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The United States Government consists of a separation of powers (3 branches of government). What are the positive and negative consequences of the separation of power?

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    The consequences of a separation of powers are that it increases the consistency of a government's policies as applied across various individual cases. It increases the level of agreement needed to go through with government action (like putting someone in prison). I disagree with user4012 that it inherently takes longer to come to a consensus. A council of 3 in a state without separation of powers can take just as long as the heads of 3 branches. Read more here: governology.wordpress.com/2016/04/12/dimensions-of-government – B T May 4 '16 at 3:06
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I won't bother providing quotes, but you will find the reasoning behind such an organization of government in the writings of US Founding Fathers, specifically in Federalist papers — as well as those who influenced them (e.g. Locke here), as well as French Revolution (see the short writeup on Wiki on Montesquieu's tripartite system ), though the system's origins lie in Ancient Rome and even Greece.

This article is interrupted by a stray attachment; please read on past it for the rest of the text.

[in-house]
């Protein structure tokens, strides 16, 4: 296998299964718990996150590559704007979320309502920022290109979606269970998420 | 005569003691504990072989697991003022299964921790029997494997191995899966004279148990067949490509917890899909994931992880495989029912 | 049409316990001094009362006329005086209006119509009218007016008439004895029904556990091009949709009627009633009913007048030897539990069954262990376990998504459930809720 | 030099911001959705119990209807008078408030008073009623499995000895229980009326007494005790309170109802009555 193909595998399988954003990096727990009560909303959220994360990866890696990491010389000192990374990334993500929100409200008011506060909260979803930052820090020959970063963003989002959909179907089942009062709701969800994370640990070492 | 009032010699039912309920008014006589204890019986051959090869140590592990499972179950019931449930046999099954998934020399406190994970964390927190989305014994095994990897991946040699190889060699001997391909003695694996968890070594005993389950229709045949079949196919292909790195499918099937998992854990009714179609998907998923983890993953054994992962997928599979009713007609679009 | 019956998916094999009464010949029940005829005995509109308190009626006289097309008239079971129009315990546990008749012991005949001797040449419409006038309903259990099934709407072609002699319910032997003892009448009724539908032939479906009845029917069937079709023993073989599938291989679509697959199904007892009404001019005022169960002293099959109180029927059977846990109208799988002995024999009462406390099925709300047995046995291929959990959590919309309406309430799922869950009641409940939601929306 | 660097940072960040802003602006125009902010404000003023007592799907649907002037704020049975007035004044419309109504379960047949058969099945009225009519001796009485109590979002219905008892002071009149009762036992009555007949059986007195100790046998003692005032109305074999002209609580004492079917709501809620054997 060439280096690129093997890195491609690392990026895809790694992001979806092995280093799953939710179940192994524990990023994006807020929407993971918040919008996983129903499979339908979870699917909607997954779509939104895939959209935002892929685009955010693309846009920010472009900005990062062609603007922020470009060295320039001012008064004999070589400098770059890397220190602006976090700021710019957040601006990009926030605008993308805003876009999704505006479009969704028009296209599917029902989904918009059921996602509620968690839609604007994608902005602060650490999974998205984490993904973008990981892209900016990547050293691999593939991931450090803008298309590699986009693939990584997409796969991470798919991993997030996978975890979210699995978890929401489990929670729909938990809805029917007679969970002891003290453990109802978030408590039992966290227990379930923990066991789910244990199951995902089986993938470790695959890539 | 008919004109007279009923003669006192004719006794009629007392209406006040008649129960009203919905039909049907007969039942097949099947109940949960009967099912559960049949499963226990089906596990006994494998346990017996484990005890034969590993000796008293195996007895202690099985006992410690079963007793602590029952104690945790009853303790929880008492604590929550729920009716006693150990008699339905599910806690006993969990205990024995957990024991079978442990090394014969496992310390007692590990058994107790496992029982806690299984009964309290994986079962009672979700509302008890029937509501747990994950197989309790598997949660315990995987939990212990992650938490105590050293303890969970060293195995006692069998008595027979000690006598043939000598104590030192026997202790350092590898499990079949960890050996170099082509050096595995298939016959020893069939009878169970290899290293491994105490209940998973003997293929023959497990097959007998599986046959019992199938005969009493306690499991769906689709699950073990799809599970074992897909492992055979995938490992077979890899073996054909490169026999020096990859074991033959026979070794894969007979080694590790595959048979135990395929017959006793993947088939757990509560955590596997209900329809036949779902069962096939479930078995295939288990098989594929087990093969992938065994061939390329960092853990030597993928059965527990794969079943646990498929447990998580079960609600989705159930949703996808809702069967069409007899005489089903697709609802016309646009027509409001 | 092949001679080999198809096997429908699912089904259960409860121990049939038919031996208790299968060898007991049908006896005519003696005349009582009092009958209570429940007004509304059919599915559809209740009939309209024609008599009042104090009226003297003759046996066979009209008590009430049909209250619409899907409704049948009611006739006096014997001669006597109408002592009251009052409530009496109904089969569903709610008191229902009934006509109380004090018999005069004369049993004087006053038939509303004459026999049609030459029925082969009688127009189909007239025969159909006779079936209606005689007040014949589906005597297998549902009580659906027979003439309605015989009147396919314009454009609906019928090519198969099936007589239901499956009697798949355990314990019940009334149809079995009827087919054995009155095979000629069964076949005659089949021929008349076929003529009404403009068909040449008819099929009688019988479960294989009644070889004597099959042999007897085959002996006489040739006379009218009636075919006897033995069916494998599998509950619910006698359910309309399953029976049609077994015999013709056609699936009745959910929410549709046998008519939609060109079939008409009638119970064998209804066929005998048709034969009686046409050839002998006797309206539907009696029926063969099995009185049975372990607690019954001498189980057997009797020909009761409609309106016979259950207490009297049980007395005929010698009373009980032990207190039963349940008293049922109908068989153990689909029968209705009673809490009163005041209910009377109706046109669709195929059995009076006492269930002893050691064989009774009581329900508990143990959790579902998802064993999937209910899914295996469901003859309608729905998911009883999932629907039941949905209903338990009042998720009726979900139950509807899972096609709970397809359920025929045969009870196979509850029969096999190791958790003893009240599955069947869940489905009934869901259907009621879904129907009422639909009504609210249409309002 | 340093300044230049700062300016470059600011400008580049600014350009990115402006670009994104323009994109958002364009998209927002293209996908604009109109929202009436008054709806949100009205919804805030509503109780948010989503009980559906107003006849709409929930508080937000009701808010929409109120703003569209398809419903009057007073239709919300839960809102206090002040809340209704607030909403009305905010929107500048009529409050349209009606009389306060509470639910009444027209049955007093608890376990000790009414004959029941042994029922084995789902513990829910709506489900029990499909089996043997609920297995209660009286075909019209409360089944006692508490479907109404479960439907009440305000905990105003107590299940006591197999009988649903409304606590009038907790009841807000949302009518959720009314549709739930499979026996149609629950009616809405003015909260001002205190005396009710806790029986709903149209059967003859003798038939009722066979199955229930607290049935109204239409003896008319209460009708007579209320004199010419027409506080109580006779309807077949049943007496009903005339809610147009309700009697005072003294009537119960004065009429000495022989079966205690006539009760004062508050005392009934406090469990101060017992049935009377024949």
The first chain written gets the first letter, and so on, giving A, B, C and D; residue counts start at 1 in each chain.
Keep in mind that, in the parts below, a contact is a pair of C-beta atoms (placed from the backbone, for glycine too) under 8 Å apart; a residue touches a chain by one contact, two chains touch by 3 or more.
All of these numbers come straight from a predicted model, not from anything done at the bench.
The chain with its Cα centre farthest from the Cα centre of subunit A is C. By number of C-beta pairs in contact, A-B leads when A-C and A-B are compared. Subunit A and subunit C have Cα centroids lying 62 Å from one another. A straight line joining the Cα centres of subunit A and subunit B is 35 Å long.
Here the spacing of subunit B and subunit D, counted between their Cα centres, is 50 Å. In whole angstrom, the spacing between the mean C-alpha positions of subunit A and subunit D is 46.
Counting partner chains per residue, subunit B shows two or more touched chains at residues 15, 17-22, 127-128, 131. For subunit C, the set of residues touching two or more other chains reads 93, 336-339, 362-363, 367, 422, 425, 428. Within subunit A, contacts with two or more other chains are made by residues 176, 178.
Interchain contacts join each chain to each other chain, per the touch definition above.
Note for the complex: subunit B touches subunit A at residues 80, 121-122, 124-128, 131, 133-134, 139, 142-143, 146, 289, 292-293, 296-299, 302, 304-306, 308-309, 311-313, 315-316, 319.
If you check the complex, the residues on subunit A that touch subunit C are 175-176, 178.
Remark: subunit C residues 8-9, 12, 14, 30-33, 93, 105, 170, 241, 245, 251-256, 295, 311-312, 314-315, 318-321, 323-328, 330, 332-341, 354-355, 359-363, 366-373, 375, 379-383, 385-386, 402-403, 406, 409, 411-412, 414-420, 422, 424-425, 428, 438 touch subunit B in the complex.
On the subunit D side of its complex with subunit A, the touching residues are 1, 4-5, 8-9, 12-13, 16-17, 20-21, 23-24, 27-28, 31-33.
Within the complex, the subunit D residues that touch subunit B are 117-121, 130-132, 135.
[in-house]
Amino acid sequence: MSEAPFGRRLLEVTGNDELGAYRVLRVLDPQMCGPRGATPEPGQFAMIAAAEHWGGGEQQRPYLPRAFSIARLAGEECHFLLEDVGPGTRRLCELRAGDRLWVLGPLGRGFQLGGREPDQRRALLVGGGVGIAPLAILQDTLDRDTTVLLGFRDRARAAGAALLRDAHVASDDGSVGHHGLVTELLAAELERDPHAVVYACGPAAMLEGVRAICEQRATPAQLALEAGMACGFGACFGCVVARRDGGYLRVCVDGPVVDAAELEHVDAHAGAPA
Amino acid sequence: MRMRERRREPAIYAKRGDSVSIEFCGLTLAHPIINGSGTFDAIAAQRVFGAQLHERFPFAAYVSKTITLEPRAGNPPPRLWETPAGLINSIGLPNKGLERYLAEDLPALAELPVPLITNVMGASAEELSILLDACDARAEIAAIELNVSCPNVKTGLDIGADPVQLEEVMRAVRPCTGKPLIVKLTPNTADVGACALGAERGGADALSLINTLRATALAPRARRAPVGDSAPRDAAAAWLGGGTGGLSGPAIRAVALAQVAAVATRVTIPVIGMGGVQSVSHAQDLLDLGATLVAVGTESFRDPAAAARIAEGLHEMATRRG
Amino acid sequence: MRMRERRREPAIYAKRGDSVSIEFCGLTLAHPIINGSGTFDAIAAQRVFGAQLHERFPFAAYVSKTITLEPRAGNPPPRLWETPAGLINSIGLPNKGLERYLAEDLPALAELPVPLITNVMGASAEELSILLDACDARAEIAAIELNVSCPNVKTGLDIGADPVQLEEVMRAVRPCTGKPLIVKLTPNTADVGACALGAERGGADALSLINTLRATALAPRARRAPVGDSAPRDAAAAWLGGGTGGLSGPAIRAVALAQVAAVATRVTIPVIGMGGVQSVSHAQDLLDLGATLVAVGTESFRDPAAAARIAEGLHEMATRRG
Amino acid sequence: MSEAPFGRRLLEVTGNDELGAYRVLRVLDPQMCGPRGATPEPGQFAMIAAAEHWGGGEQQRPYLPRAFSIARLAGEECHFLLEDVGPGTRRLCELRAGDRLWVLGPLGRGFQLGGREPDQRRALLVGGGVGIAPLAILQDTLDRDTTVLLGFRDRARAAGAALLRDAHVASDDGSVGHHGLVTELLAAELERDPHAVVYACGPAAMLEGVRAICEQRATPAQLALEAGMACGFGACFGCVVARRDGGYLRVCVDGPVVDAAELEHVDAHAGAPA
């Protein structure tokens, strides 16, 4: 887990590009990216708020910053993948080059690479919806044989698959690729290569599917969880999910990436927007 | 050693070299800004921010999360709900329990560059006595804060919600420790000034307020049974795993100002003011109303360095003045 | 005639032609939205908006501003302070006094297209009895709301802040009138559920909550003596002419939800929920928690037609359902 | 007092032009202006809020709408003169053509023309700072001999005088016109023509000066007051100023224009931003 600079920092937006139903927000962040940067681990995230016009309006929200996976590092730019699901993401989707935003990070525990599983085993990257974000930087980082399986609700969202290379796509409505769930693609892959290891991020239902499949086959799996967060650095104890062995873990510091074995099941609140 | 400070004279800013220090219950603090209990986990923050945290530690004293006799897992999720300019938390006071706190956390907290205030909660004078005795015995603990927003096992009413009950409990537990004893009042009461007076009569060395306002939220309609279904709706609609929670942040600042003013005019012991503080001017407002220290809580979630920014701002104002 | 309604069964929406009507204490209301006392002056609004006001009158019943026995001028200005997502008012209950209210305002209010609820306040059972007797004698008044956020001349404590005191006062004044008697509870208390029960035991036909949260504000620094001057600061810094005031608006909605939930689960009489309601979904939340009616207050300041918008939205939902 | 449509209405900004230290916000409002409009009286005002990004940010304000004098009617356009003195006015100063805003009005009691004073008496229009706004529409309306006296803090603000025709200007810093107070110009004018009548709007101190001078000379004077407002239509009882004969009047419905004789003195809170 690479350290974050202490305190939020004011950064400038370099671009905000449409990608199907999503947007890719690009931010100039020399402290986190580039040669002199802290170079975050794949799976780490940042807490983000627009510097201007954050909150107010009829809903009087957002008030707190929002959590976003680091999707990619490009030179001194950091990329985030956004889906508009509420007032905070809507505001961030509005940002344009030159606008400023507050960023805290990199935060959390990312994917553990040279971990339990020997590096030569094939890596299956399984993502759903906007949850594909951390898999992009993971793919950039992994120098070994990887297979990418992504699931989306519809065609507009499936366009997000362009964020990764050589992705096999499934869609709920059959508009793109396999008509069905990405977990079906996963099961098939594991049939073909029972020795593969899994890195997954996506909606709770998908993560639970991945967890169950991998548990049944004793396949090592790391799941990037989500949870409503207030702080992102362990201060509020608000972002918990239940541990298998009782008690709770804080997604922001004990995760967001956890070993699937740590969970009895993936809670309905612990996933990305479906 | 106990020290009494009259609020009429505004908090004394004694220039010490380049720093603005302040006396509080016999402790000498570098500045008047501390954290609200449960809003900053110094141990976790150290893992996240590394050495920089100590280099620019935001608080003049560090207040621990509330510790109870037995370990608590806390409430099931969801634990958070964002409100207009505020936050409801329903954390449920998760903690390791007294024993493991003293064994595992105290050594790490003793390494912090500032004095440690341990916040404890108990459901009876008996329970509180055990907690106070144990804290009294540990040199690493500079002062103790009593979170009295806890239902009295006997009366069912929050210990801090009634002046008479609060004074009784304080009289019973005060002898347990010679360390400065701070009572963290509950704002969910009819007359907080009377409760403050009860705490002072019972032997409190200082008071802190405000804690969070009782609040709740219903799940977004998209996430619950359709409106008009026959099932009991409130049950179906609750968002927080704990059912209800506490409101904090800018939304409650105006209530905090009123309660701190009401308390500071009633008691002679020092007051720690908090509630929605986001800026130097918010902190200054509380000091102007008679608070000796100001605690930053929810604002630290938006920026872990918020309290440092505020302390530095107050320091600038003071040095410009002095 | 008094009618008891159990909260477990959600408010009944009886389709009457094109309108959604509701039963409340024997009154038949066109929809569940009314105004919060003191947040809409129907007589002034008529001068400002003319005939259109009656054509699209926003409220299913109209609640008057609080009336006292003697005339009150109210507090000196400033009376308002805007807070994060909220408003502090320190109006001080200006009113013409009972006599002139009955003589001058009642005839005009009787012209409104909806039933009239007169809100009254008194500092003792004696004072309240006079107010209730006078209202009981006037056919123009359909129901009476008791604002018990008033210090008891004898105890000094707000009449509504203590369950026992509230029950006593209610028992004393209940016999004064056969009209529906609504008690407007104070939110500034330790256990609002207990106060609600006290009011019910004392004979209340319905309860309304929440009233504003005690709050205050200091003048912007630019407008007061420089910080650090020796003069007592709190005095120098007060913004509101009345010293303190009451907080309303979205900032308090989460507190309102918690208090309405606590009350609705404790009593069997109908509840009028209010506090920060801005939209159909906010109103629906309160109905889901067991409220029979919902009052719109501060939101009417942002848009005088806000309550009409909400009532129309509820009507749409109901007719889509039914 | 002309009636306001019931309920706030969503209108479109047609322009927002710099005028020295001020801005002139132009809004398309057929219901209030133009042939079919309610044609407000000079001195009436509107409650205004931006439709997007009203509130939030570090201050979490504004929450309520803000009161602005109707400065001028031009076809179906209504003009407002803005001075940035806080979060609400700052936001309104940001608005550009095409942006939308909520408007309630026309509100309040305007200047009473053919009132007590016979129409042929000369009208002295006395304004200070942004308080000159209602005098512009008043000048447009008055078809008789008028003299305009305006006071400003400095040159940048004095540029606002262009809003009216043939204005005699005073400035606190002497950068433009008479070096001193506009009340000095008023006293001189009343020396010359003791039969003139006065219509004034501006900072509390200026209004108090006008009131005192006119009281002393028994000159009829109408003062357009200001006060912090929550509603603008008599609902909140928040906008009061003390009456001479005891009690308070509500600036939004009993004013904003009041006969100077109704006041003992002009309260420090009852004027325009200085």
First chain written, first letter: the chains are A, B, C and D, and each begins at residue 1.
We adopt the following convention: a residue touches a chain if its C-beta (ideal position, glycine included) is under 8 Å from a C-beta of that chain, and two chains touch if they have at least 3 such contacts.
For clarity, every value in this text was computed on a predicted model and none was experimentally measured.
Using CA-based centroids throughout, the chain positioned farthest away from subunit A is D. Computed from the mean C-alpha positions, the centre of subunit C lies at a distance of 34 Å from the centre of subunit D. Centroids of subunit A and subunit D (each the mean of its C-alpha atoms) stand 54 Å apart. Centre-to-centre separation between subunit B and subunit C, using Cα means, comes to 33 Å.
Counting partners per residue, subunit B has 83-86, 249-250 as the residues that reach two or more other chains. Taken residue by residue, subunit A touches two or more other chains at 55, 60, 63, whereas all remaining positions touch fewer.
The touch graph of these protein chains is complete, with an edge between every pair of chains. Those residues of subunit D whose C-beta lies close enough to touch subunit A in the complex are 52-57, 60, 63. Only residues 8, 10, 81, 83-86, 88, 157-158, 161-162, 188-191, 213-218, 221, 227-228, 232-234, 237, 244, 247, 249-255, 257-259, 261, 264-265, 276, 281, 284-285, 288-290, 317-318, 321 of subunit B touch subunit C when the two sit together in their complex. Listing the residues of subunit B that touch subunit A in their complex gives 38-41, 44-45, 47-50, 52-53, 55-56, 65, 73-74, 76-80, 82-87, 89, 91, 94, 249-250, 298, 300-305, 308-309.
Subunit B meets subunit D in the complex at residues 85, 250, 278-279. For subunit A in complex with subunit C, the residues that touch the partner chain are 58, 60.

The short short version is that such separation promotes what's known as "Checks and Balances"— it allows the power of one side of the government to act as a counterbalance and a check on the power of the other ones, thus preventing either from becoming a monopolist of power.

The negative consequences are that in emergent situations, you end up wasting time building consensus and such. In some cases this is very bad and dangerous (e.g. being militarily attacked), which is why US adopted things like limited-time-warfare by Excecutive branch (supposedly, checked by War Powers in theory), so that the Executive branch can decisively mount short term and timely military response to international national threats. This again goes back to Locke (“the power of doing public good without a rule”).

Wikipedia has further mentions of various perceived pros and cons, such as various views on emergence of influence group politics, judiciary's independence etc. I'd rather not copy/paste Wikipedia for those.

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